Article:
DGRU note on the Public Protector
The allegations against the Public Protector are that companies owned by her were paid money by the South African Law Reform Commission while she was a full-time commissioner on the Law Commission. In this note, we briefly examine the regulatory framework governing members of the Law Commission.
The Law Commission is established and regulated by the South African Law Reform Commission Act 19 of 1973 (as amended). It is striking that the Act contains no provisions expressly governing the conduct or disclosure of interests by the members of the commissioners, and thus no provisions expressly criminalise any failure to disclose interests.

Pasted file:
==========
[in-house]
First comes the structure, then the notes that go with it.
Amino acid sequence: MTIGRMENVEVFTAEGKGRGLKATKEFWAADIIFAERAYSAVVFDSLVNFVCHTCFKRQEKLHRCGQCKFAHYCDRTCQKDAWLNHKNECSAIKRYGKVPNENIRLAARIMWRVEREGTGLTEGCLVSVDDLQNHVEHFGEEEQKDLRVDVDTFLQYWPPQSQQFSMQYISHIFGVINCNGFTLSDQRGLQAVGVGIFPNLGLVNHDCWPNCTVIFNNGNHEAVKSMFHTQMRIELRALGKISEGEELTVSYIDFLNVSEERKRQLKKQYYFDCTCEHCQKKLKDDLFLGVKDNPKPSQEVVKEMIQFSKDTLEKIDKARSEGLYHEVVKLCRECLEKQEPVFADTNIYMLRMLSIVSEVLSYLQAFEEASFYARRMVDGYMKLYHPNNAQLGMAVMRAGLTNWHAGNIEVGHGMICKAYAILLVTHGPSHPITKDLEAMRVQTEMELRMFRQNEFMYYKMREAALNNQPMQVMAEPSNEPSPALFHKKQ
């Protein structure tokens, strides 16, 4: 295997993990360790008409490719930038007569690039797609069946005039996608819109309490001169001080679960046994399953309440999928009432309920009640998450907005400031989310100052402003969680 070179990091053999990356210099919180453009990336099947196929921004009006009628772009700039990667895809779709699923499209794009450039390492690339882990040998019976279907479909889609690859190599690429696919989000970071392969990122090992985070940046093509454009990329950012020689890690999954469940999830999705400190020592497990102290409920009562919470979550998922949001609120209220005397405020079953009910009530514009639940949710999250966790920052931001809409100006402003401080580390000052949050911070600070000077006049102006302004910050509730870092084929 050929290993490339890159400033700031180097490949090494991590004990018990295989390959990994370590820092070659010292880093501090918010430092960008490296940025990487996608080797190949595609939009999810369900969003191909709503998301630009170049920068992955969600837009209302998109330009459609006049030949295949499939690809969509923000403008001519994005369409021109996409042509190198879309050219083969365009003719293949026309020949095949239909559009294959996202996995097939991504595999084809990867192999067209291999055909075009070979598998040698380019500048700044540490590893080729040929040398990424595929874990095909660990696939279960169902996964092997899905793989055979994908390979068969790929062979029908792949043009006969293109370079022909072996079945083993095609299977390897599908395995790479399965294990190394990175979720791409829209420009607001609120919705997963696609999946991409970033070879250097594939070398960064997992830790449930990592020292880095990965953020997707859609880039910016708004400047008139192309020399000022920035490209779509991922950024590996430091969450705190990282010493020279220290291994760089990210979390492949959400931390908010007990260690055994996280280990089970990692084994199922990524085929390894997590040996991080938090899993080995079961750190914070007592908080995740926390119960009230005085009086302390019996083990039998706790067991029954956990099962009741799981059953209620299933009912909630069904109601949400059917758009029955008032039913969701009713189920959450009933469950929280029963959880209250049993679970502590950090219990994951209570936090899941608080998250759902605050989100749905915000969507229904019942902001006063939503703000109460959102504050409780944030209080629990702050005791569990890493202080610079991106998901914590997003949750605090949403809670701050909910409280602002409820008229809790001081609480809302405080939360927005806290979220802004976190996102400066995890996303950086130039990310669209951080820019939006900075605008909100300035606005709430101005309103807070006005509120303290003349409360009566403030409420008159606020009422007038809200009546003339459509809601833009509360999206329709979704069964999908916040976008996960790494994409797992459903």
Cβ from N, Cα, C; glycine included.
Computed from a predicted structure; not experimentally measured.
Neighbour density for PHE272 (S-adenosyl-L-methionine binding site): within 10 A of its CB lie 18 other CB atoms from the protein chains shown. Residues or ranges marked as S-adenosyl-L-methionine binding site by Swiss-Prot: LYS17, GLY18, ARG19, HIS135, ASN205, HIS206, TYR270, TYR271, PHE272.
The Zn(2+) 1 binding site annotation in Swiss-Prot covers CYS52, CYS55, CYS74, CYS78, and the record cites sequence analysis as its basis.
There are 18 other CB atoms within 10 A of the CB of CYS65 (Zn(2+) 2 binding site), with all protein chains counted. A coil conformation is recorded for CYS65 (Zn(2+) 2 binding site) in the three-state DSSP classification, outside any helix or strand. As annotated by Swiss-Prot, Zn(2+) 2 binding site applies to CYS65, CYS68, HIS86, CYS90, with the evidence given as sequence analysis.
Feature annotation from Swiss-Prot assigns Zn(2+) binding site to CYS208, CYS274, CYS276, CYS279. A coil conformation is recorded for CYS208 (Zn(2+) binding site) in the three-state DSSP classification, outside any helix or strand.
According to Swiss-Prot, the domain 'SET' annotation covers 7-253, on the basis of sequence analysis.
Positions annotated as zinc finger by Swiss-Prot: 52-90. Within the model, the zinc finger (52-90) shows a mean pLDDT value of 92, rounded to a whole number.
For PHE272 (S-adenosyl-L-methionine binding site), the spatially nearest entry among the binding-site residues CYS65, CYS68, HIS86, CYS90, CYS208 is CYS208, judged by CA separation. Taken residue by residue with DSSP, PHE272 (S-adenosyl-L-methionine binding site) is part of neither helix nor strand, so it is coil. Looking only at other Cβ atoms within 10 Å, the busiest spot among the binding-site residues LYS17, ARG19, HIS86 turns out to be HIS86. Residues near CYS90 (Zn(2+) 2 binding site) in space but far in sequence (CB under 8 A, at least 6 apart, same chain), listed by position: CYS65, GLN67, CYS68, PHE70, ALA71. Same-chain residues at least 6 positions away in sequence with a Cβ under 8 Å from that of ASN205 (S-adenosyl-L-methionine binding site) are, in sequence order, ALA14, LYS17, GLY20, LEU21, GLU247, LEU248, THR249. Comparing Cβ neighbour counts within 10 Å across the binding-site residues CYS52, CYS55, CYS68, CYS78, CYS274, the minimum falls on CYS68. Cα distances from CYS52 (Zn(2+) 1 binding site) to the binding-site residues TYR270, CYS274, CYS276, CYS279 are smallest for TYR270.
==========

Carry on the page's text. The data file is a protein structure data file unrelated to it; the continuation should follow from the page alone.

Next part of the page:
The Act empowers the Commission to draw up programs listing matters that it thinks require attention, but these must be submitted to the Minister for approval (s 5(1)).
A report on all the Commission's activities within a financial year must be submitted to the Minister of Justice within 5 months of the end of each financial year, and then tabled in Parliament (S 7(2)).
The Act provides for the payment of remuneration and allowances to commissioners (s 9).
Whilst this note does not attempt deal with the substantive aspects of the allegations against the Public Protector, if it is correct that she disclosed her connection to her company to the Commission, one would expect that this information would have been included in the Commission